Instead of reinventing the wheel, why not take these recruiter tips to make your job search go smoothly?
Dominique Rodgers, Monster contributor
Professional recruiters have seen it all. They know how to spot the best candidates and match them up with dream jobs because they’ve waded through an ocean of awful candidates and terrible jobs first.
Think you’re gonna fudge your qualifications and put one over on them? You’re not.
Think you’ve found a unique trick to stand out from the crowd? They’ve seen it before.
Instead of reinventing the wheel, why not take these recruiter-tips to make your job search go smoothly?
First impress the robot
“Many job seekers don't realize that busy recruiters and employers often utilize automated screening tools to analyze how closely a resume matches the job description. If there is not a strong correlation, then your resume may never actually be seen by a human,” says Bob Myhal, CEO of NextHire, a digital hiring solution.
To get past the software, use keywords from your industry on your resume. Use words that will correlate with job descriptions for the types of jobs you’re interested in.
Be consistent online and off
Myhal also recommends keeping your resume consistent with any social media sites recruiters may check—and they will check. If the resume in the recruiter’s hand says you’re the vice president of marketing at Consolidated Widget Factory, but your Facebook says “marketing director” and your Twitter bio says you’re a “freelance consultant,” that’s bad and will raise all kinds of red flags about your skill level, your social media savvy and your honesty.
“Make sure your information across social networks is up-to-date and aligned with your resume,” advises Myhal.
Do your homework
When someone says to “tailor your resume to each opportunity,” they don’t just mean to be sure you’re addressing your cover letter to the right company. You should use social media and do some digging on your prospective employer, advises career coach Chris Delaney. “Dig deep and look up their values, beliefs and work ethic and relate to this in your application and interview. Interviewers often make decisions based on their judgement and commonality increases likeability.”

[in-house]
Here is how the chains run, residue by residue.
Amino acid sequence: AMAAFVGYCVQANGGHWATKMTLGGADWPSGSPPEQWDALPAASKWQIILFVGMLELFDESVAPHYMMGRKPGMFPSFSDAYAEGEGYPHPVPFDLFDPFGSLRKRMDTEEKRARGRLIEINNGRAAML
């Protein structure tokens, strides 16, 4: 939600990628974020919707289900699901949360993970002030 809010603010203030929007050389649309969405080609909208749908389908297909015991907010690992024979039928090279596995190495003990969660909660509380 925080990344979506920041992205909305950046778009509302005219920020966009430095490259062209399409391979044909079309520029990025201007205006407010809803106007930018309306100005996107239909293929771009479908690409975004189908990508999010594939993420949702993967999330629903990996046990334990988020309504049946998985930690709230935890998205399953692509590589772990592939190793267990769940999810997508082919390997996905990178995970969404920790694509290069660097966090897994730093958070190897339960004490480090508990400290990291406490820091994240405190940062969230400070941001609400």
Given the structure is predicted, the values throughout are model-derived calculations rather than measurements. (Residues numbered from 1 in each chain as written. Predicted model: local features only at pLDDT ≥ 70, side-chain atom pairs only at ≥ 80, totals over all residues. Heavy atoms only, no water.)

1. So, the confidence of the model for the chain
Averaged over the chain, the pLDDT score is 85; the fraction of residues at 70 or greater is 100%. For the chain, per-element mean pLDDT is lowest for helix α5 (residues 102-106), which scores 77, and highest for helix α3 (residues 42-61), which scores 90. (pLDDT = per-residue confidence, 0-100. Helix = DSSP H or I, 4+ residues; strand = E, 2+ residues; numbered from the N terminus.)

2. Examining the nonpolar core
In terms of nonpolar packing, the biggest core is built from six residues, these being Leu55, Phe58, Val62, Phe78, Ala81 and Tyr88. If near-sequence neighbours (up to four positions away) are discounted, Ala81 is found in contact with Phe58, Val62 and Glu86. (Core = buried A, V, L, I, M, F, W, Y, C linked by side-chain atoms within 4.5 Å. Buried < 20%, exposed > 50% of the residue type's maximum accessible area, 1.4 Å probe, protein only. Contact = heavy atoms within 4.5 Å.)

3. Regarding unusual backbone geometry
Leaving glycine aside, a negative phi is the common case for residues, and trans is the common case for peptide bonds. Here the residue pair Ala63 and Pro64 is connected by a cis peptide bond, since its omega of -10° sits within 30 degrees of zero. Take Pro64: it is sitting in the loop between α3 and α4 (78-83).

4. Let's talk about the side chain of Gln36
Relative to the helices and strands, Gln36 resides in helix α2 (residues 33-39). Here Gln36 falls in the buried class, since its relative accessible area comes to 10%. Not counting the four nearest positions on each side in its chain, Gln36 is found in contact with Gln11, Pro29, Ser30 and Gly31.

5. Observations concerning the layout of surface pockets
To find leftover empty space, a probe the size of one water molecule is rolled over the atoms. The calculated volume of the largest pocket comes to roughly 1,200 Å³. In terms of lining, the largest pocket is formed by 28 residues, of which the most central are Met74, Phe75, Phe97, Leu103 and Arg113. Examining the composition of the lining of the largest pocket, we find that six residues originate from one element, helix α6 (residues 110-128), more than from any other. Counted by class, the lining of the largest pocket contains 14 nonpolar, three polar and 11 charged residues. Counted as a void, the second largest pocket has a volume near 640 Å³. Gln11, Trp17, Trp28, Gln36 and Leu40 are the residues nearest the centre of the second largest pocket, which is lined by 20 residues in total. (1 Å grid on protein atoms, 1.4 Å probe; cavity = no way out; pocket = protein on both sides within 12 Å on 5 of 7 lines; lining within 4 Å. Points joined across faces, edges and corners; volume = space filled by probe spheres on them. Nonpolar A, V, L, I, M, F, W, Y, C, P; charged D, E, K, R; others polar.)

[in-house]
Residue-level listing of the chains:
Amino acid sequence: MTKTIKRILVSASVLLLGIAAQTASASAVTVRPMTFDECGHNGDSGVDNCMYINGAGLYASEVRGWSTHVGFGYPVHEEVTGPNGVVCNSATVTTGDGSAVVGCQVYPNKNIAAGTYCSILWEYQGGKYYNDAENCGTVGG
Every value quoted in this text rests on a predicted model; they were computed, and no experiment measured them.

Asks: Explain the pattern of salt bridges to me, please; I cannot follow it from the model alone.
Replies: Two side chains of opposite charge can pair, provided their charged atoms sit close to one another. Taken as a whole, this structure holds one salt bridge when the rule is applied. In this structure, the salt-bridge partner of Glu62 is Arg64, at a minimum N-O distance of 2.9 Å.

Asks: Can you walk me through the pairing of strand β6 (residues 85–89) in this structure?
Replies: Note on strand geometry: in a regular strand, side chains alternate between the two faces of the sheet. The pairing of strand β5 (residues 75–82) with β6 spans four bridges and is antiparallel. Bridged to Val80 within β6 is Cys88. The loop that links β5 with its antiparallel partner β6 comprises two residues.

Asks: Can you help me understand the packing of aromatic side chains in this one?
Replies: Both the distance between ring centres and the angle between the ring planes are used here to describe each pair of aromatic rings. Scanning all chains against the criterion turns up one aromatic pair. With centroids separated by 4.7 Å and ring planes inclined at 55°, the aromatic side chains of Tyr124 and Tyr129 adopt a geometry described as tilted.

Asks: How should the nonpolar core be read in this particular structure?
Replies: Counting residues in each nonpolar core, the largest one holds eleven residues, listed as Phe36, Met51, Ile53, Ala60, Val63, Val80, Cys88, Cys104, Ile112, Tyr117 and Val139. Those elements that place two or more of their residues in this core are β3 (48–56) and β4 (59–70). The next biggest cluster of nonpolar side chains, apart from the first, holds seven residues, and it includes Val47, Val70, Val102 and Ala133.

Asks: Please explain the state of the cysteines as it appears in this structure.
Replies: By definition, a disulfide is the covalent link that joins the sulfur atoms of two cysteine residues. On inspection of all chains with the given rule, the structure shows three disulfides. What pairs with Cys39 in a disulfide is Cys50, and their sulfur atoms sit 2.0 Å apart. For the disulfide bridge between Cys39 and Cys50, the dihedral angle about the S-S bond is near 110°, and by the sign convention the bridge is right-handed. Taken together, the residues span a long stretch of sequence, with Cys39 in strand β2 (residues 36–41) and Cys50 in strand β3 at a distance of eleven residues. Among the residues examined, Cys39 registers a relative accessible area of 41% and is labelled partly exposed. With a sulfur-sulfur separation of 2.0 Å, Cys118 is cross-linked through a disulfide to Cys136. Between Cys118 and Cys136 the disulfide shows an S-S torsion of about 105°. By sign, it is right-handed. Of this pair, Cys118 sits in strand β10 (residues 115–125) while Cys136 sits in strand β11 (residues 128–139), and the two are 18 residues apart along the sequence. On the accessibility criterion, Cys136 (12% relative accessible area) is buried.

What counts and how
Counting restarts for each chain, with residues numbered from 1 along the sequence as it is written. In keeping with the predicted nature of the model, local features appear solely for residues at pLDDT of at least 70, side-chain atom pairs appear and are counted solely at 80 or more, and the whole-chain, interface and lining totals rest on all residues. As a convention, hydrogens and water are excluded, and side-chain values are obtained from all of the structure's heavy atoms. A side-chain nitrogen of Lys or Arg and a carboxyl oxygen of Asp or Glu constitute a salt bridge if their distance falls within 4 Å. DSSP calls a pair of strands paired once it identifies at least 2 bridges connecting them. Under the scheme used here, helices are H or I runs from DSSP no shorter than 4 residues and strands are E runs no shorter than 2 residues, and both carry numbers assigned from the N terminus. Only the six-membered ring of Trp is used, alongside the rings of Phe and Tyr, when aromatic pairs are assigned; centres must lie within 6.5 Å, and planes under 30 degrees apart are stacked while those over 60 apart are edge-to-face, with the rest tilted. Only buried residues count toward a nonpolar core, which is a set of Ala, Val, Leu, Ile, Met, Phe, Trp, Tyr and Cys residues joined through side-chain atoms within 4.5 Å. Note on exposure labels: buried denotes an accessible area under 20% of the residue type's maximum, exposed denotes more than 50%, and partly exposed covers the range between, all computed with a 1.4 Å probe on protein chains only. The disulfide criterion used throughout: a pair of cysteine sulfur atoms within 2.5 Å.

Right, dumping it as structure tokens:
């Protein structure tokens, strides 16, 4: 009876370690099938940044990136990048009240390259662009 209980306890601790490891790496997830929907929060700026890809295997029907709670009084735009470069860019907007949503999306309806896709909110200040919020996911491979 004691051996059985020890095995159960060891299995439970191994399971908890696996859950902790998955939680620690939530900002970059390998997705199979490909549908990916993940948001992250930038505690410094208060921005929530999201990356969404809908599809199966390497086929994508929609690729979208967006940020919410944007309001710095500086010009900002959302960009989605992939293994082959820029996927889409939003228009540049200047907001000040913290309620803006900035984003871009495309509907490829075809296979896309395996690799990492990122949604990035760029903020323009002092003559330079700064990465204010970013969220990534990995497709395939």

Quantify your accomplishments
A great way to make your resume stand out is to include a bit of quantification when discussing your accomplishments, says Erik Bowitz, Sr., a resume expert with Copy My Resume. Explicitly state the size of budgets you controlled, how many people you managed, or the percent by which you reduced turnover. Bowitz prefers percentages and dollar figures “as they jump off the page and help your resume leave an impression.”
Check back every week or two
Great recruiters work to maintain a proactive pipeline. They’ll take your information even if you aren’t totally certain about leaving your old job or if they don’t quite have the right opening for you, on the chance that a perfect match will arise. This is all part of the plan.
“The best recruiters aren’t making arbitrary connections to meet a quota, but are patiently learning about the job seekers to place them in the right position,” says Patrice Rice, president and founder of Patrice & Associates, the country’s largest restaurant recruiting firm. “If a recruiter doesn’t come to you with a job offer right away, don’t be alarmed. The right opportunity probably hasn’t come up yet. But don’t be afraid to contact the recruiter every week or two so you remain fresh on their mind."